It is a pleasure to serve under your chairmanship, Mr. Benton.
Many hon. Members will no doubt recall the unfortunate loss of the marked register of electors following the parliamentary by-election in Glenrothes in November 2008. The order arising from the motion that we are considering, together with the implementation of the associated protocol that has been laid before Parliament—I have made it available to Members today—will enable the creation of a substitute marked register for that by-election.
I will explain the background to the matter before going into more detail on the motion and protocol. At present, after a Westminster election has been contested in Scotland, election material, including the marked register, is sent by the constituency returning officer to the local sheriff clerk for safe keeping. The sheriff clerk is obliged to make some of the material available for public inspection and to destroy all the material after one year, unless otherwise ordered.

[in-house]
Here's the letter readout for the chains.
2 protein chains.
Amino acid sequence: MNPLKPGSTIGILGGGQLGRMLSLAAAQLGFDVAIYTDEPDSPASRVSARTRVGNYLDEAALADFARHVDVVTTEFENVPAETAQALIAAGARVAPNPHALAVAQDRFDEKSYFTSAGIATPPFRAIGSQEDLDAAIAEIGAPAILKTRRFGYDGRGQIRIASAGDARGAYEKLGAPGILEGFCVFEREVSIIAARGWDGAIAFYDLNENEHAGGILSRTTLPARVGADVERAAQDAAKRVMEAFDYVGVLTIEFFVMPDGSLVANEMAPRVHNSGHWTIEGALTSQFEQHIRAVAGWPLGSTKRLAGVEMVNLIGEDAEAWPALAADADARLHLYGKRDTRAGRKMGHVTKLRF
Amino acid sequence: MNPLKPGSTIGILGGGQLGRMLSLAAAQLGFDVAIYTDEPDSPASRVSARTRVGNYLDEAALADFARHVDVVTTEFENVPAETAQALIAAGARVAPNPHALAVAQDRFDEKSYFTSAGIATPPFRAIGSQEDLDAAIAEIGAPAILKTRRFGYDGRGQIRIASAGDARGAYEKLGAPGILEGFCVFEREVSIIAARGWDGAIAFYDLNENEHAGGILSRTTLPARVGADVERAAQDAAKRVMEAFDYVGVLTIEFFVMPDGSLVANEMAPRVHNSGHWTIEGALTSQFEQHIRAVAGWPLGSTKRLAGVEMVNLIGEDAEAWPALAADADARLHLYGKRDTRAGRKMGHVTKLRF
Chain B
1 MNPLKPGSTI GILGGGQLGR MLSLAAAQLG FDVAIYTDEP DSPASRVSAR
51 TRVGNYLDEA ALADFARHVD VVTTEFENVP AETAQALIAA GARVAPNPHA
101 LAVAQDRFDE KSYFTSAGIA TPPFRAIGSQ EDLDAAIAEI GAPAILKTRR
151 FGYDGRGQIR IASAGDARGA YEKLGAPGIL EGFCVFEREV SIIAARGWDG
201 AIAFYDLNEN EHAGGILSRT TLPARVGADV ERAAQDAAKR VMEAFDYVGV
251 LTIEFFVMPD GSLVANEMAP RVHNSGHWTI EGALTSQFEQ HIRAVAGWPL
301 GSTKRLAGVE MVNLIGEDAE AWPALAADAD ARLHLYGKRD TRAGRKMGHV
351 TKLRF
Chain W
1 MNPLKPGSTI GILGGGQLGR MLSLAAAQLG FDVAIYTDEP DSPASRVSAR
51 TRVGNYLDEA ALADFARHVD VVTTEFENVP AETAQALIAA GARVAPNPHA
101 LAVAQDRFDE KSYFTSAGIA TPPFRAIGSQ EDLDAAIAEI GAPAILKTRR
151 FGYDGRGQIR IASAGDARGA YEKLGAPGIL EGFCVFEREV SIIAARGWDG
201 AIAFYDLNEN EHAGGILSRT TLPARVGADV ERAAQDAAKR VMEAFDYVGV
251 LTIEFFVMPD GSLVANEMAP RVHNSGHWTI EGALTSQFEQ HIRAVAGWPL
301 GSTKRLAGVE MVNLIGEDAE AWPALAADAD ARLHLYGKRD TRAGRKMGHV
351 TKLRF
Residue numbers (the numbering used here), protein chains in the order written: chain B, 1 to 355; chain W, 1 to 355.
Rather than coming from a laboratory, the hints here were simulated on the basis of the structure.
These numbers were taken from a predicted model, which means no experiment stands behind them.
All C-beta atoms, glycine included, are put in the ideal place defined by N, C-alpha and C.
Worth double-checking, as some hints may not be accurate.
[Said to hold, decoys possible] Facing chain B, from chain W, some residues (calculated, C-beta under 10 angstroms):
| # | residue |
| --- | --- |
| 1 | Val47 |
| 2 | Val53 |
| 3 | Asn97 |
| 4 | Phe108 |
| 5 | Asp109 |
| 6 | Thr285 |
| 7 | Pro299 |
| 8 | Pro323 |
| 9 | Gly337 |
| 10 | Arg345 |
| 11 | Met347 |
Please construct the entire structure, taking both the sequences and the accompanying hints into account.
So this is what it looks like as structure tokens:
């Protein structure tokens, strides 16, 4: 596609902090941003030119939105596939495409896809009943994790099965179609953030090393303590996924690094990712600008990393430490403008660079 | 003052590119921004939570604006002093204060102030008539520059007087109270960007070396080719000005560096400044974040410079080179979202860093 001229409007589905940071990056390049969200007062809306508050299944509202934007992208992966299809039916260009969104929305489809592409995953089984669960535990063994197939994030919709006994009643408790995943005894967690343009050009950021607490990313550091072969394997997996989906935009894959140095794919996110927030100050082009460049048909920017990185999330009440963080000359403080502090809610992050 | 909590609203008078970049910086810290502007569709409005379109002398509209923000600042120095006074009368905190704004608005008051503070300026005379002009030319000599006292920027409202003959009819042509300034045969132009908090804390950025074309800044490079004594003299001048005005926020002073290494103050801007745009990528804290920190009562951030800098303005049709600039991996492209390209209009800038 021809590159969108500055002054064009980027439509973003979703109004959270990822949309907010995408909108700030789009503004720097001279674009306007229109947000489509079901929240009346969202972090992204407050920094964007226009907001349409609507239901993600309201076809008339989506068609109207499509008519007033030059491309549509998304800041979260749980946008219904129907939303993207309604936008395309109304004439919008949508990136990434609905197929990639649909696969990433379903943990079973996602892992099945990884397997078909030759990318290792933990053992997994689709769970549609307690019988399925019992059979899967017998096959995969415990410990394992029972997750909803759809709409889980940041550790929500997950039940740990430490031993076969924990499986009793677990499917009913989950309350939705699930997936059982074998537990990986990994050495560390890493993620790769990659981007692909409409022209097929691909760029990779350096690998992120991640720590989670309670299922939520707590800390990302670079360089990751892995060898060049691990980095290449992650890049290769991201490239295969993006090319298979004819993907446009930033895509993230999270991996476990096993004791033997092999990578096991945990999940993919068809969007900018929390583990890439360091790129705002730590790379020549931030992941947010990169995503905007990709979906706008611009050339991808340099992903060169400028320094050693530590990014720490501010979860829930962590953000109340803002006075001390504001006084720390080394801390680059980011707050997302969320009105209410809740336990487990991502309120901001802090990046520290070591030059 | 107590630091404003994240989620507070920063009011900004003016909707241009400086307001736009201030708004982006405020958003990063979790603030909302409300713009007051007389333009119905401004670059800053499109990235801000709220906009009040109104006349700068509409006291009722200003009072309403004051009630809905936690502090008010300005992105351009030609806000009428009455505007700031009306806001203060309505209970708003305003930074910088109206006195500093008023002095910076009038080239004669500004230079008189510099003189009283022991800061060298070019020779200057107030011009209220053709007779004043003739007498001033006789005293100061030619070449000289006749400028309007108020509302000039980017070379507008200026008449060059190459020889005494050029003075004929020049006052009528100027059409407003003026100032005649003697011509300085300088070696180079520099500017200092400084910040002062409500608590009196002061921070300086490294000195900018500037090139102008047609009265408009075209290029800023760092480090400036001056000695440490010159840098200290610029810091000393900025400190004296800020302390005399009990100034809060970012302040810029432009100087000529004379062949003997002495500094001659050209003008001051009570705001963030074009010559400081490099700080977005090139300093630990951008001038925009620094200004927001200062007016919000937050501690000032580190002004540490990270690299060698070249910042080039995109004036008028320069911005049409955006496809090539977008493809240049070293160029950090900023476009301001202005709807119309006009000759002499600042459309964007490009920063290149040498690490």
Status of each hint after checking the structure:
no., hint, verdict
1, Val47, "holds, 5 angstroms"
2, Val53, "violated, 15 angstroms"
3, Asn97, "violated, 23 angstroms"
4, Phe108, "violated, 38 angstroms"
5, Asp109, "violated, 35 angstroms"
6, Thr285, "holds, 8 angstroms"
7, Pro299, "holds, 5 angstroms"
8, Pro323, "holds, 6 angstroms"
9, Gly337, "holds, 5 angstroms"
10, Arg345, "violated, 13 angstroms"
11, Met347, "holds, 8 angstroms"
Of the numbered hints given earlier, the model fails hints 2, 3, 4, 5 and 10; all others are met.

Following the Glenrothes by-election last year, a request was made for a copy of the marked register, but after a thorough search by the sheriff clerk’s office, it was found to be missing. Following representations by political parties, the chief executive of the Scottish Court Service—the Scottish Government agency that provides operational support to courts in Scotland—commissioned an independent investigation into the loss. The investigation’s terms of reference were rightly focused on the internal administration of Kirkcaldy sheriff court, which is a devolved matter. The investigation reported on 5 March 2009, and the findings have been published by the Scottish Court Service. Among other things, and most importantly, the report concluded that no malicious intent was identified with regard to either the loss of documents or the handling of the request.
During the review, representations were made to the investigating team to ask whether the marked register could be reconstructed. The report concluded that that was not a matter for the Scottish Court Service, but set out the position as understood by the investigator: it was not possible to recreate the marked register.